Director of the Neuroscience Program Catherine McCormick and President Nancy Dye both took the stand Wednesday in the third round of hearings in Assistant Professor of Neuroscience David Holtzman's request for a preliminary injunction. This final round of questioning concluded the hearing. The judge has not made a decision yet.
A preliminary injunction would enable Holtzman to resume teaching duties. His courseload for the semester was cancelled after complaints of inappropriate sexual conversation, inappropriate physical misconduct and drug use filed by students and staff members resulted in Holtzman's placement on paid leave after review by the College Faculty Council (CFC), General Faculty Council (GFC) and consultation with the American Association of University Professors. (see related timeline)
Judge Solomon Oliver, Jr. heard testimony from Dye and dean of the college of Arts and Sciences Clayton Koppes in his federal courtroom in Cleveland on Oct 31. He also heard testimony from Holtzman and Professor of Biology Richard Levin, Holtzman's adviser, on Dec. 13. Levin is Holtzman's adviser for the internal College process and is not required to serve as an adviser in federal court. When faculty undergo an internal investigation, they are entitled to a faculty adviser.
All individuals directly involved in the case were present on Wednesday except Helm, who is on leave.
Kirk Perry, Holtzman's attorney, called Dye to the stand, though Oliver told Perry to restrict himself to 10 questions - a number Perry soon exceeded.
Perry began his round of questioning by asking Dye if it is true that Latino members of the Oberlin community complain of a lack respresentation and unfair treatment.
Dye answered yes, but responded negatively when Perry asked her if it is true that the College administration is more favorable to the majority, "i.e. white males."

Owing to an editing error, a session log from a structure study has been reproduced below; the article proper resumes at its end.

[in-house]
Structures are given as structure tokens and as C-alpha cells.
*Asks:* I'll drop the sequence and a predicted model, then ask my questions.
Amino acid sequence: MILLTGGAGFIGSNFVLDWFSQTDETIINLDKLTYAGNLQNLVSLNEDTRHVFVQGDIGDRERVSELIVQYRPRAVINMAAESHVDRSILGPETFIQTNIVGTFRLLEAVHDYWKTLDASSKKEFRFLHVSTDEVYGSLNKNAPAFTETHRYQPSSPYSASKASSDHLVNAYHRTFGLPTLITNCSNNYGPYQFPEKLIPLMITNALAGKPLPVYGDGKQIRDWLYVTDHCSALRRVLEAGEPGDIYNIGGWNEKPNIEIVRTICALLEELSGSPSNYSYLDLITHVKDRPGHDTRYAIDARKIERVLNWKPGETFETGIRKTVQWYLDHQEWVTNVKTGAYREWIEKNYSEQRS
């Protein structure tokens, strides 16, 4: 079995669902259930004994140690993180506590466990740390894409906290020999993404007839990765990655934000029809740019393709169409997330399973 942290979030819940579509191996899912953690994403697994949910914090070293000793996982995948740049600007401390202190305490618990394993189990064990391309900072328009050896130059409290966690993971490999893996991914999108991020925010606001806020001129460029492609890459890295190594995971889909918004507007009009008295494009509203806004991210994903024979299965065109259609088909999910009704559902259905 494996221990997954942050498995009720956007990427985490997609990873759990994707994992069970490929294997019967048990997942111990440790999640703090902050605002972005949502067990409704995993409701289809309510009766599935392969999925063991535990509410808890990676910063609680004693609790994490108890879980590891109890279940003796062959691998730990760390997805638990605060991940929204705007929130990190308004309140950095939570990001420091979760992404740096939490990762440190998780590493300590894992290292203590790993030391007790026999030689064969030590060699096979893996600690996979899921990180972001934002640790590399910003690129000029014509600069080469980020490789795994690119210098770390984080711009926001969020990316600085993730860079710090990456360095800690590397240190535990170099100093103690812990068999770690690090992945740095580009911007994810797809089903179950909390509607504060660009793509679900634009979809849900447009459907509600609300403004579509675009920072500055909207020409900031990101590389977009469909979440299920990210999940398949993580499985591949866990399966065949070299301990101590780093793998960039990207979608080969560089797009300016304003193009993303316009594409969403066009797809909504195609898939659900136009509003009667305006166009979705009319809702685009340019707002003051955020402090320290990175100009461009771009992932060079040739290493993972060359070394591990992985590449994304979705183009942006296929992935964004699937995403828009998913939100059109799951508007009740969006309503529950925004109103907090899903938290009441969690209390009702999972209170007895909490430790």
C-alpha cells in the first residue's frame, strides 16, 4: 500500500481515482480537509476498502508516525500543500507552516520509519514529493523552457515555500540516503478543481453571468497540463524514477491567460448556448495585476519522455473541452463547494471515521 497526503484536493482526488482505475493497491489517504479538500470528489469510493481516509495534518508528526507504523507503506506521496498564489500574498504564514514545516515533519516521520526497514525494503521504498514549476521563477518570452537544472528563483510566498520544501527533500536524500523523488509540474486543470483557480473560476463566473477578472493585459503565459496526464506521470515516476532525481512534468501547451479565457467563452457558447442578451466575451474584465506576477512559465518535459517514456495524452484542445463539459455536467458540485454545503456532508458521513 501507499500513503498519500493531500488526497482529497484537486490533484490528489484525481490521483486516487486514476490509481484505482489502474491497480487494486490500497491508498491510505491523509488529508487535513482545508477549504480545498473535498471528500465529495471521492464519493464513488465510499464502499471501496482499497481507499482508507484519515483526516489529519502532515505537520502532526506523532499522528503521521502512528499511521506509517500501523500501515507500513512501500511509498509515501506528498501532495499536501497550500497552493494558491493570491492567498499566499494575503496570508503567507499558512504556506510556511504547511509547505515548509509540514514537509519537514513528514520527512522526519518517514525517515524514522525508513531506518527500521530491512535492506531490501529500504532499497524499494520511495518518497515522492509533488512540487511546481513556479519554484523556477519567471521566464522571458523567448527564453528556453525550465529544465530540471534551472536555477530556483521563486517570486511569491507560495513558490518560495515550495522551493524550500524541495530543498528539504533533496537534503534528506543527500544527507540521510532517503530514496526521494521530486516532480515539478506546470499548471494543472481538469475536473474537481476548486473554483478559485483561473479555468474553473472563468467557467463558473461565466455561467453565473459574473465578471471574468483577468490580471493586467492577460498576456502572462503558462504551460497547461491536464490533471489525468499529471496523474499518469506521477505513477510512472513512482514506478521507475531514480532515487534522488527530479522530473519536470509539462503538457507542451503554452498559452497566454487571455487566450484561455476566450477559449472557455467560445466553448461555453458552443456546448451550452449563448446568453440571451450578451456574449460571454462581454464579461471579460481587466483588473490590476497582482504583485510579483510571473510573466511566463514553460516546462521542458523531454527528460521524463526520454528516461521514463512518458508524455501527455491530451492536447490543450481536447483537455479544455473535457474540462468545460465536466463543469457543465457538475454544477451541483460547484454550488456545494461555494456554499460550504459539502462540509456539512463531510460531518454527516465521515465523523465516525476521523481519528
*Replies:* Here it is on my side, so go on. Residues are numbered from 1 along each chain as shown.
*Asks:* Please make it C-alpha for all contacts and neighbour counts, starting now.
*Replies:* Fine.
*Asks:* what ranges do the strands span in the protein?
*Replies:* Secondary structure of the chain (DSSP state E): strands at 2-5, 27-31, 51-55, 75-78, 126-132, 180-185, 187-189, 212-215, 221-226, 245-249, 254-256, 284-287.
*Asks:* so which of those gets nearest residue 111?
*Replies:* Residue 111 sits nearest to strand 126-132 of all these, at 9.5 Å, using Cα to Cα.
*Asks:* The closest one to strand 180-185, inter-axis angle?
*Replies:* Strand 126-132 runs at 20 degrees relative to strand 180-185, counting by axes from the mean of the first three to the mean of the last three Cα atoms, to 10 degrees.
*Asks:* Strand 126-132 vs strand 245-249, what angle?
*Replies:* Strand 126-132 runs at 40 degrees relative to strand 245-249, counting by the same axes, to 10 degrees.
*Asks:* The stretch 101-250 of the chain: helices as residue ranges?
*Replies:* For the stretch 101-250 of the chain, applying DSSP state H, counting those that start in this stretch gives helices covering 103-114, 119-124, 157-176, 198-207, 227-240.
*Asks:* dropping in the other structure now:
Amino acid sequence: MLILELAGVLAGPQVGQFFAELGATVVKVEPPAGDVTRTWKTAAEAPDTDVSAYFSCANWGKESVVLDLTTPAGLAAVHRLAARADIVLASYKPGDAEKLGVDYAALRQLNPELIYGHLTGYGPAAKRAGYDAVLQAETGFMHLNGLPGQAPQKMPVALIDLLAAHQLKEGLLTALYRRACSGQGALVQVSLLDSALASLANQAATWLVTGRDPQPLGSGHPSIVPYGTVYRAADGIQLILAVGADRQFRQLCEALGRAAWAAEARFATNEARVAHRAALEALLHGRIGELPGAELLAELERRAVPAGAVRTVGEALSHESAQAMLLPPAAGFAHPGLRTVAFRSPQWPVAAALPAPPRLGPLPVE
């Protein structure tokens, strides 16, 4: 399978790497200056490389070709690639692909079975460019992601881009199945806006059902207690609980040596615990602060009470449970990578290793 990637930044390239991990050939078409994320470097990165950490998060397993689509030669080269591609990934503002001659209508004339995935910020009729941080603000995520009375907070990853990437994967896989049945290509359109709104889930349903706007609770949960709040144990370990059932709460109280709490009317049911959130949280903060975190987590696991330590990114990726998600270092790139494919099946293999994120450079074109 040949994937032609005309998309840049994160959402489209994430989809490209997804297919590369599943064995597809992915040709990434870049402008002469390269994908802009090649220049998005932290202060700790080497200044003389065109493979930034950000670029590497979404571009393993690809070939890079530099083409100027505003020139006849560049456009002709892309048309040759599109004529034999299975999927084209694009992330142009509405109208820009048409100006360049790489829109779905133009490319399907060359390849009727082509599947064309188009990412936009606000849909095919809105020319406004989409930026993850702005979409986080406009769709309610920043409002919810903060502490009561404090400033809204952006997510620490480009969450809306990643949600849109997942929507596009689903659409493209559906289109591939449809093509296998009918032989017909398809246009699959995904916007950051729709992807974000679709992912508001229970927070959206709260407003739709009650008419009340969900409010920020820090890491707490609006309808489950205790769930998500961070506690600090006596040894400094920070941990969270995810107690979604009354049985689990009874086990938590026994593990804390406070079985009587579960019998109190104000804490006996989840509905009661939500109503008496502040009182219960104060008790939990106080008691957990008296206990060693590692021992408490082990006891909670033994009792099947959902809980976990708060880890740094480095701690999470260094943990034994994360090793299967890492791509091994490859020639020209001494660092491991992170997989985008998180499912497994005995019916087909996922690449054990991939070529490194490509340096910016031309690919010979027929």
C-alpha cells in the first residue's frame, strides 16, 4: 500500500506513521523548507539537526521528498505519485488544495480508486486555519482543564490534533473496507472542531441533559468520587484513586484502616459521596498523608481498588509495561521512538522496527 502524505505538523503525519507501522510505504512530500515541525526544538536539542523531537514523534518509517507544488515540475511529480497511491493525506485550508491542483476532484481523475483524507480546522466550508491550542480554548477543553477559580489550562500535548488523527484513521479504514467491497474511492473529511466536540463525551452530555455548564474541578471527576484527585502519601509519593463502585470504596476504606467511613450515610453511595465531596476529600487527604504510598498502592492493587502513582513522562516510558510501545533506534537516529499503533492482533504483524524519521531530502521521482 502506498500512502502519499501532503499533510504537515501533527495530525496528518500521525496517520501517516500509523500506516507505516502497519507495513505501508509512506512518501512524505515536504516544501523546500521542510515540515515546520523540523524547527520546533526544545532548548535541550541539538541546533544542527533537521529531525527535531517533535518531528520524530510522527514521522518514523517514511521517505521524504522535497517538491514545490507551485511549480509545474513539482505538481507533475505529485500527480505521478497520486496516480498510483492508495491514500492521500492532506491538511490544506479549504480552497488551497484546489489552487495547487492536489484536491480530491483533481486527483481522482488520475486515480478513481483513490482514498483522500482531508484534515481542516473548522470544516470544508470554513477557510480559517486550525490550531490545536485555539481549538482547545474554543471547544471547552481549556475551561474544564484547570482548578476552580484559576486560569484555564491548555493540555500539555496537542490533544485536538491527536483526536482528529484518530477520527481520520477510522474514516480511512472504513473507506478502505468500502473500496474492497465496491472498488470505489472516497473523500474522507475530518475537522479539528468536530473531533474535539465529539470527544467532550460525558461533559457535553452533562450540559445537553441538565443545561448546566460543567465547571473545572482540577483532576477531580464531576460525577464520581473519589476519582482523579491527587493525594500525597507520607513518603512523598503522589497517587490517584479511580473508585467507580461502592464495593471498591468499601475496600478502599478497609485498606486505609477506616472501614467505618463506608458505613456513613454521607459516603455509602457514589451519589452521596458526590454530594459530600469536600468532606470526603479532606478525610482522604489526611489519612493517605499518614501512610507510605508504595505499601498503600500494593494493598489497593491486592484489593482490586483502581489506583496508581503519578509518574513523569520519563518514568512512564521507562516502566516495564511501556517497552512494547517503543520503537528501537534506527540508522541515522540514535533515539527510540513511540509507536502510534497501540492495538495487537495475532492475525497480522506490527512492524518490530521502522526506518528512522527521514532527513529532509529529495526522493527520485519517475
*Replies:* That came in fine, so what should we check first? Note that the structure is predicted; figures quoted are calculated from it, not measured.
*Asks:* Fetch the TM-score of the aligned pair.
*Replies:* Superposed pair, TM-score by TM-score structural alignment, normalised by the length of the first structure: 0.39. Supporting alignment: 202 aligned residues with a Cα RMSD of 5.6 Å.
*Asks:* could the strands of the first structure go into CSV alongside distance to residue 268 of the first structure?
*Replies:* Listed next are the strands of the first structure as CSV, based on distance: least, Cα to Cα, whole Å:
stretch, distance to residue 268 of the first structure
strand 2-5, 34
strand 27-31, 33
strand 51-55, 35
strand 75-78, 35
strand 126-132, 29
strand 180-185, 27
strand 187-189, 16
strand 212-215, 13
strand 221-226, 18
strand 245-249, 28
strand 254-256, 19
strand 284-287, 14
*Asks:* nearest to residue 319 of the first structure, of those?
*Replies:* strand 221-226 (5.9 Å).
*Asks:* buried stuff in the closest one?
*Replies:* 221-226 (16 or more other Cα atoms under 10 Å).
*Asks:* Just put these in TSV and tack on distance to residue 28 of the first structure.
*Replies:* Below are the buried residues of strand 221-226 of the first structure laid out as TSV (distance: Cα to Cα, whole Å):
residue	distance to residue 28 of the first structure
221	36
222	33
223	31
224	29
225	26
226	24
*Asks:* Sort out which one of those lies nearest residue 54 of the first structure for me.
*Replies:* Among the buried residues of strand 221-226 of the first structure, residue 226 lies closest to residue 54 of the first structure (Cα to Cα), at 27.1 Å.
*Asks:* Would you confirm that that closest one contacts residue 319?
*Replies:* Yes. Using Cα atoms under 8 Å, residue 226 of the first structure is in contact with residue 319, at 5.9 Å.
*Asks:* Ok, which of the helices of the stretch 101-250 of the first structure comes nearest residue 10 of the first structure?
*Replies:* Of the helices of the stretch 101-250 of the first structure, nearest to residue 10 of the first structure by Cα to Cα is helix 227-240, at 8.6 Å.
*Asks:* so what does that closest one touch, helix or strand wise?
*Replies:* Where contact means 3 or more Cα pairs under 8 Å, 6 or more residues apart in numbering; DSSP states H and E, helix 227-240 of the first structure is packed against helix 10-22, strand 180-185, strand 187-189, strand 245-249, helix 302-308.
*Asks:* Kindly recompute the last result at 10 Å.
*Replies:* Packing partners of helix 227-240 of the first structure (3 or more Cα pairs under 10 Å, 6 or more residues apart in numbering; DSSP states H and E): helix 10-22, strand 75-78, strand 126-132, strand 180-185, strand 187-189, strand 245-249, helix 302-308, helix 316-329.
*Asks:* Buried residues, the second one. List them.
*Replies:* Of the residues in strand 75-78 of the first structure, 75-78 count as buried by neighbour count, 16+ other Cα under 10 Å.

Perry asked Dye if a letter placed in Levin's personnel file after he attended class with Holtzman on Sept. 3 was removed after a group of "white male faculty members" protested its inclusion in the folder. Dye said that though the letter was removed, it was not removed for the reasons Perry stated. She also said that she did not remove the letter. "It was the dean's decision," Dye said. (see related story, page 6)
Perry also asked Dye what standards she used to assess whether Holtzman should be suspended. Dye said her decision was based on "the evidence before me and consultation with others on staff … What I saw before me was a pattern of seriously antisocial behavior, what I had in front of me were first hand accounts."
Perry asked Dye how severe something needs to be for a suspension to be carried out. Dye said, "Again, one makes a decision based on what is in front of them at the time. The issue is not quantitative … it is qualitative."
Perry then called McCormick to the stand. Her exchanges with Holtzman were heated. At one point Oliver told Perry, "You characterize things in such a way as to invite responses like that. You put so much in your questions and they're emotionally loaded." This exchange between Oliver and Perry came after Perry questioned McCormick about specific aspects of the allegations of sexual misconduct.